A doctor living in the tony Lincoln Park neighborhood of Chicago was jailed on Friday after he fired a shot from a revolver through the wall of his apartment and into the one next door on Wednesday. Luckily, he injured nothing but the kitchen backsplash in that apartment. Michael Olivieri (above) told prosecutors he thought he’d replaced the live ammo in the revolver with dummy rounds when he laid it on his kitchen island. For some reason, he decided to squeeze the trigger as it lay there, telling police he “squeezed the trigger as a nervous tic like squeezing a tennis ball.” Investigating officers confiscated eight guns, including at least one rifle, and prosecutors say none of them were registered. When police came to pick him up on Friday . . .
he told them he had a ninth gun he’d forgotten to tell them about on Wednesday, stored in his car in the parking garage. He faces a felony charge of reckless discharge of a firearm and was cited for the unregistered guns. As of Saturday, he was being held on $10,000 bail.
Your Lockdown of the Day™ comes from a hospital today, instead of a school. The Hennepin County (MN) Medical Center was “forced into” lockdown for about 90 minutes Saturday after a visitor threatened another visitor with a gun. The two individuals were visiting two separate patients when they became involved in a verbal altercation in the hallway, resulting in one “making a gun threat to the other.” No more info on the nature of the threat is available, but it was overheard by staff who activated their emergency plan and notified police around 11 a.m. The individual who made the threat fled the hospital before the lockdown was in place, and during the following 90 minutes police set up a cordon around the building and searched the inside for firearms, finding none. Nobody was injured, and everyone patted each other on the back for how smoothly their procedures had been followed.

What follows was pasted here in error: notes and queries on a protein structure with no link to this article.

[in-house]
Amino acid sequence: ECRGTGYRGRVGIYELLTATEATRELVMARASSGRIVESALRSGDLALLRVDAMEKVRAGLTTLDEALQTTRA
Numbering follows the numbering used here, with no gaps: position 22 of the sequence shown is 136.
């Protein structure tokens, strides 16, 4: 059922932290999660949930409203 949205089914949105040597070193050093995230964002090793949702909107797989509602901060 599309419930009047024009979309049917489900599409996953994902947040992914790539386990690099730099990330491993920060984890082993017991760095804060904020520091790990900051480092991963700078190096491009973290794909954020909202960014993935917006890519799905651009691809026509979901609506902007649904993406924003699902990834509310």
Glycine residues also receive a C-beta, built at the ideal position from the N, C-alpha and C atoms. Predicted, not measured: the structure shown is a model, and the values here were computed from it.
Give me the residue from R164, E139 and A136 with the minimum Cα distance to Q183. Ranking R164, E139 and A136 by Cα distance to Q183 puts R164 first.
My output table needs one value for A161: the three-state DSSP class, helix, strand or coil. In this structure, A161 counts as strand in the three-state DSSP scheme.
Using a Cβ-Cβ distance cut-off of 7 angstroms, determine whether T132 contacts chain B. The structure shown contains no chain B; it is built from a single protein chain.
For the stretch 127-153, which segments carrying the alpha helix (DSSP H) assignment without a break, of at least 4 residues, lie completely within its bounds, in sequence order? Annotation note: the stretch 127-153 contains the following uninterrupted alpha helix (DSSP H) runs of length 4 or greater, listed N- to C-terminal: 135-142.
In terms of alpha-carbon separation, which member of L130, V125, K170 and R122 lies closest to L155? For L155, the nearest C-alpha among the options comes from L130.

Although most of us here would loudly decry the system under which it’s necessary to operate to possess firearms in Merry Olde England, I found this case interesting in the sensibility with which it was handled. Imagine what the penalty would be if you were found to be in possession of a silencer without paperwork, or in a state where firearms registration is (unconstitutionally) required, without the paperwork for those firearms. Last week, a judge in Warwickshire, England found that there was “nothing sinister” in a man’s possession without certificates of two shotguns, a Winchester .22 rifle, a silencer, and hollow-point .22LR ammunition (all of which require certificates to own). Because of the lack of mens rea, he sentenced the man to only two months in prison, suspended for two years, with two years of supervision. Basically, that amounts to two years of probation for some rather egregious violations of their firearms laws. Even if you disagree with their laws, it’s hard to deny that this judge has his head on straight.
How well do you know your neighbors? When an aged man in Brentwood, England died suddenly on April 2nd, his 31-year-old neighbor and caretaker called police to say she thought they should come get the guns out of his house. She knew he had some, and that he kept them under lock and key, but what police found was far beyond what anyone expected. In addition to his legal store of weapons, he also had a machine gun of some sort, six deactivated hand grenades, bulk gunpowder, and a collection of World War II memorabilia that included two foot-long bombs, one of which was still live. Police called in Explosives Ordnance Department to remove and dispose of the items, while the caretaker and others got busy clutching their pearls and gasping because “The whole street could have gone up.” Why can I never find cool stuff like this?
Demolition Ranch demonstrates “The Most Tactical Reload” of a shotgun, ever. I could practice for literally days and not get this to work right.
I don’t know how many failed takes they had, but I’m just going to say that he got it on the first try, and raise a glass.
Hickok45 flings some 405 grain hardcast lead bullets at a cinderblock wall at 250 yards. What a beautiful rifle.
I absolutely love the sight of a bullet flying downrange leaving a mirage in its wake.